Since portable applications use the platform’s source code to run, containers allow developers to modify and track the changes in the platform’s source code, thereby significantly increasing productivity. Because of the size and scalability of containers, deployment time is much faster than traditional virtual machines.
For instance, the time it takes a Docker container to deploy an application can be seconds, whereas it may take a virtual machine running the same application up to days or more. Being that developers no longer need to have multiple copies of an entire OS running on a VM, the amount of CPU, memory, and storage overhead associated with virtualizing workloads is significantly reduced.
Also, with containerization, you can have blue-green deployment model, where both old and new versions can run simultaneously, enabling the users to switch to a newer version in a controlled manner.
Container orchestration tools such as Kubernetes facilitate the ease of application management by automating most of the repetitive work that is done by hand. Kubernetes can perform logging, troubleshooting, updates, and deploy containerized applications to a Kubernetes cluster.
Whether you need to initiate a scheduled update, restart a pod, or deploy new applications, Kubernetes offers a dashboard to manage the application from one, easy-to-use interface.
Since containers can work in complete isolation from other containers, this allows the application to have a higher degree of security. For instance, if an individual container is hacked, it reduces the likelihood that the entire application will be brought down since they work independently from one another. In addition, multiple teams can work on the containers individually, keeping sensitive information from being distributed over multiple networks.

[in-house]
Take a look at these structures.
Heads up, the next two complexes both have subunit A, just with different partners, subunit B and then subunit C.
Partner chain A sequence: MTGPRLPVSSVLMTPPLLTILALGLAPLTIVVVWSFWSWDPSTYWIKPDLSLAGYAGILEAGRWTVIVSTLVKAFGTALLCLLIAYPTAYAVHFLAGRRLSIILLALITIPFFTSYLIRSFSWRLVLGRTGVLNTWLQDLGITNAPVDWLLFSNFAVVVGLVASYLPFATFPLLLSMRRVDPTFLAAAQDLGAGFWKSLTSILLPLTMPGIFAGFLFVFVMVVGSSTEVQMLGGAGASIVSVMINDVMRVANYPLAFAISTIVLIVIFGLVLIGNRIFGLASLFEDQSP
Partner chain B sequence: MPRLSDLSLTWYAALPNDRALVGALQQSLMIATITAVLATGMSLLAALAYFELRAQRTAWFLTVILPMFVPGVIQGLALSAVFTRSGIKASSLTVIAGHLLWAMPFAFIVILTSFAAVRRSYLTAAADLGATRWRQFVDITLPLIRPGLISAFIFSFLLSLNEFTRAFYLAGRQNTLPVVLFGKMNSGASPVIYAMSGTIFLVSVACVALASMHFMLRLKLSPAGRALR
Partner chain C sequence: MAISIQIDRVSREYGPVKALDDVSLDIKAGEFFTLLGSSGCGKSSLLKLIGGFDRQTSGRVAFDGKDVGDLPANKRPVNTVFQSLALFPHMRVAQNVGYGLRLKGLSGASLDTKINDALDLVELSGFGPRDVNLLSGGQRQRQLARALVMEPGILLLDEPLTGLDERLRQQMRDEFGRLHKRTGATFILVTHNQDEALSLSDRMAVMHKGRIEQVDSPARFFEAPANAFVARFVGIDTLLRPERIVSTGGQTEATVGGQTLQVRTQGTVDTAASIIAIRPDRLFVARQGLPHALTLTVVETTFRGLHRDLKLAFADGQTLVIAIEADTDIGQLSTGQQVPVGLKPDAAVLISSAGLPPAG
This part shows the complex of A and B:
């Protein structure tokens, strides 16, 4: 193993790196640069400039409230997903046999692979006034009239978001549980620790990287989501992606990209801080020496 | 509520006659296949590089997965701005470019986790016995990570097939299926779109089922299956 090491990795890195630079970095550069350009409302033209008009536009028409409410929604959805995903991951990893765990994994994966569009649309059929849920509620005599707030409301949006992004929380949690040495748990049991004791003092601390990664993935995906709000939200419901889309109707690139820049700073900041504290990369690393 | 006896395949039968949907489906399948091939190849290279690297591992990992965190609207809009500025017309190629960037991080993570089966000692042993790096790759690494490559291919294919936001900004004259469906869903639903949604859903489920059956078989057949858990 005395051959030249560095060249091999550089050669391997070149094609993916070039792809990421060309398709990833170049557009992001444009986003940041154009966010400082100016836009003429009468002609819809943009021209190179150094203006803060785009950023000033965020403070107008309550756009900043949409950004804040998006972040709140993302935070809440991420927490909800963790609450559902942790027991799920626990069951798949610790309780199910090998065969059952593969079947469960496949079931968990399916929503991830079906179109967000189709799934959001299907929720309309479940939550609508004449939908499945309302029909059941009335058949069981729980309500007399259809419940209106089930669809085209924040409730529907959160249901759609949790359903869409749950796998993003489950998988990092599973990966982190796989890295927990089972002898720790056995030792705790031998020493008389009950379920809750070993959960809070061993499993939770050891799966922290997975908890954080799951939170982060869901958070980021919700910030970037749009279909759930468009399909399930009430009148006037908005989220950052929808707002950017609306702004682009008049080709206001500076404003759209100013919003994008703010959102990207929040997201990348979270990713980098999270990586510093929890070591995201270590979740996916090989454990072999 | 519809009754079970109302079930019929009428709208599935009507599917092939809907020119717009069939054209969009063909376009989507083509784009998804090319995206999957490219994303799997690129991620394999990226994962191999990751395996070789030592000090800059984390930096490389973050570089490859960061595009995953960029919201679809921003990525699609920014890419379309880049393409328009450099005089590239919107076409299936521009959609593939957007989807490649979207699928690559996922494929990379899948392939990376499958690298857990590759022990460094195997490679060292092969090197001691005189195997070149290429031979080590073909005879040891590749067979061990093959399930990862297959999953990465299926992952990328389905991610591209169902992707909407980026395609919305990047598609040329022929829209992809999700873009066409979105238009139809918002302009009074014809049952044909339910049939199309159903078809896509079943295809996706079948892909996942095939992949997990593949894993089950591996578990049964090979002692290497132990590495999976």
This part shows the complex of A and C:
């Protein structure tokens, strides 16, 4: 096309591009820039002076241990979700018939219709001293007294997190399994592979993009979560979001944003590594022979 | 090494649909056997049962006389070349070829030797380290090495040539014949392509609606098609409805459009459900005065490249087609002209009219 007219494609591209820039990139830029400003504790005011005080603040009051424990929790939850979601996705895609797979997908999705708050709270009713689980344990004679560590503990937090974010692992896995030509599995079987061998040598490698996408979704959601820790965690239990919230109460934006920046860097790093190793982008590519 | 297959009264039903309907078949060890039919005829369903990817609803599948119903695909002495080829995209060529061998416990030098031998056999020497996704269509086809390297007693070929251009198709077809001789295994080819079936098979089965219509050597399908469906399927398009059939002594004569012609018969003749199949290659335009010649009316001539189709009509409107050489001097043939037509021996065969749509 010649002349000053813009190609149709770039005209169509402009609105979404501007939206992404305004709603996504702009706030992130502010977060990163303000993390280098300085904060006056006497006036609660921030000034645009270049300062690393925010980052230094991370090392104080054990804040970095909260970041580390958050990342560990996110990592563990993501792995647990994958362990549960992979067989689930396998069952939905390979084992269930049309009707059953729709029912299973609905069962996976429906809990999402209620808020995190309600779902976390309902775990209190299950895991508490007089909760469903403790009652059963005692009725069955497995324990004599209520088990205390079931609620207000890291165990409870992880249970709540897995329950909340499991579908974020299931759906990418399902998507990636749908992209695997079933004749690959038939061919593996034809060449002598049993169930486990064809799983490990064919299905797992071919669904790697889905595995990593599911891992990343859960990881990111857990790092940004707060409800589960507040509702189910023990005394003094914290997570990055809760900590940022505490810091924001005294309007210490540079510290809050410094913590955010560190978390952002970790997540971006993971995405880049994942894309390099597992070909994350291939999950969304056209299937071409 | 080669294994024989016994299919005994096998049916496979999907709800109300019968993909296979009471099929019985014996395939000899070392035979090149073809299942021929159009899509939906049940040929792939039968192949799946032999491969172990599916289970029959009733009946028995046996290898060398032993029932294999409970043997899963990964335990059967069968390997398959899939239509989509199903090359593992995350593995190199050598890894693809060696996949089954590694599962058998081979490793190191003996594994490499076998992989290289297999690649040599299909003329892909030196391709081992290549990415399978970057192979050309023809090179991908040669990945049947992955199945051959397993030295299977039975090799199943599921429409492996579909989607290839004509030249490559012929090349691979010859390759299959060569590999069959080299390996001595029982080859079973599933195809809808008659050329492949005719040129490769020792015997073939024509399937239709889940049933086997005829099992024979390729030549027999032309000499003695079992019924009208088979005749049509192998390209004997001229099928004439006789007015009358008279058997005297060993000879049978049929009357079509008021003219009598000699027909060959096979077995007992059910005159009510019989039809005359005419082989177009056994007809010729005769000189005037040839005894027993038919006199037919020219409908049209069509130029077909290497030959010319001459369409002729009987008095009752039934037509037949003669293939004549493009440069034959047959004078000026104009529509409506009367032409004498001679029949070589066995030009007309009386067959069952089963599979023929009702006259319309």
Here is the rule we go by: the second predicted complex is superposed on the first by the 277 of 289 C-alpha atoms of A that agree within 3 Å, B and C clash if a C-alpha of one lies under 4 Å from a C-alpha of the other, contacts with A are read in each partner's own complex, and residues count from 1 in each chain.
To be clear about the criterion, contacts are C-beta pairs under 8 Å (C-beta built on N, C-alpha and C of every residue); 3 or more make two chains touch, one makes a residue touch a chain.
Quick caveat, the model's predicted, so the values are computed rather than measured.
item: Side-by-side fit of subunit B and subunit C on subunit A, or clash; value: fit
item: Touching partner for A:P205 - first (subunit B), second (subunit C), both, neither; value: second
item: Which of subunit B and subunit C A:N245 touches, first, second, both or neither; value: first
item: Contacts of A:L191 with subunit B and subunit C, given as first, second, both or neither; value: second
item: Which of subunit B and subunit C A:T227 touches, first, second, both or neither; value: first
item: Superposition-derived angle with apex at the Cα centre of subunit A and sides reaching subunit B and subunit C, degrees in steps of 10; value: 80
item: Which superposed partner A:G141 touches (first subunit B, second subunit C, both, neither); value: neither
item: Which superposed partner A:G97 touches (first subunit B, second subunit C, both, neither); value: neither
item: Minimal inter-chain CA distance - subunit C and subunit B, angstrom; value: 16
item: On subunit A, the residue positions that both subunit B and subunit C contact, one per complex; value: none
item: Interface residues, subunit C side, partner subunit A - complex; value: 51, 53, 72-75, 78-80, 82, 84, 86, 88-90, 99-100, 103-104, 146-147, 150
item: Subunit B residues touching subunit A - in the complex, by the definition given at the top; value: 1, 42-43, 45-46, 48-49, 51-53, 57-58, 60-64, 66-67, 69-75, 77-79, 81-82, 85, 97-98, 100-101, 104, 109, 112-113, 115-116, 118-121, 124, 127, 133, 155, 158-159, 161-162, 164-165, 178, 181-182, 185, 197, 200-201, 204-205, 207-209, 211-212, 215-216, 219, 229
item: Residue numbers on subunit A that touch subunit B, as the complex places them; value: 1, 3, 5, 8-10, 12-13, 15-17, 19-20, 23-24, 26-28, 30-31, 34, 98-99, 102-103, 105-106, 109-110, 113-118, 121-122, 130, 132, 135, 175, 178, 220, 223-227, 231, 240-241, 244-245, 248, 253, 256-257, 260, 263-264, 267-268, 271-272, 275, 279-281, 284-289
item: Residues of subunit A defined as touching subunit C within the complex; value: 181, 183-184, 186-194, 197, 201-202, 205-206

Migration to microservices requires small teams that work with the agile methodology. If there is one large team of developers, they should be reorganized into several teams that work independently and each team should be responsible for their services using a separate build independent of the entire team.
By now, you should have a greater understanding of why the adoption of containerization and microservices are now at the forefront of many digital transformations. The ability to increase reliability, flexibility, and software scalability with containerization has become crucial for supplying the abstraction and virtualization necessary for application development to progress faster.
At Trianz, we can help you implement a containerization strategy, sharpen your existing IT infrastructure, and help you navigate containers and microservices so that you won’t miss the boat at this stage of your digital transformation journey.
Also Read: Containerization vs. Virtualization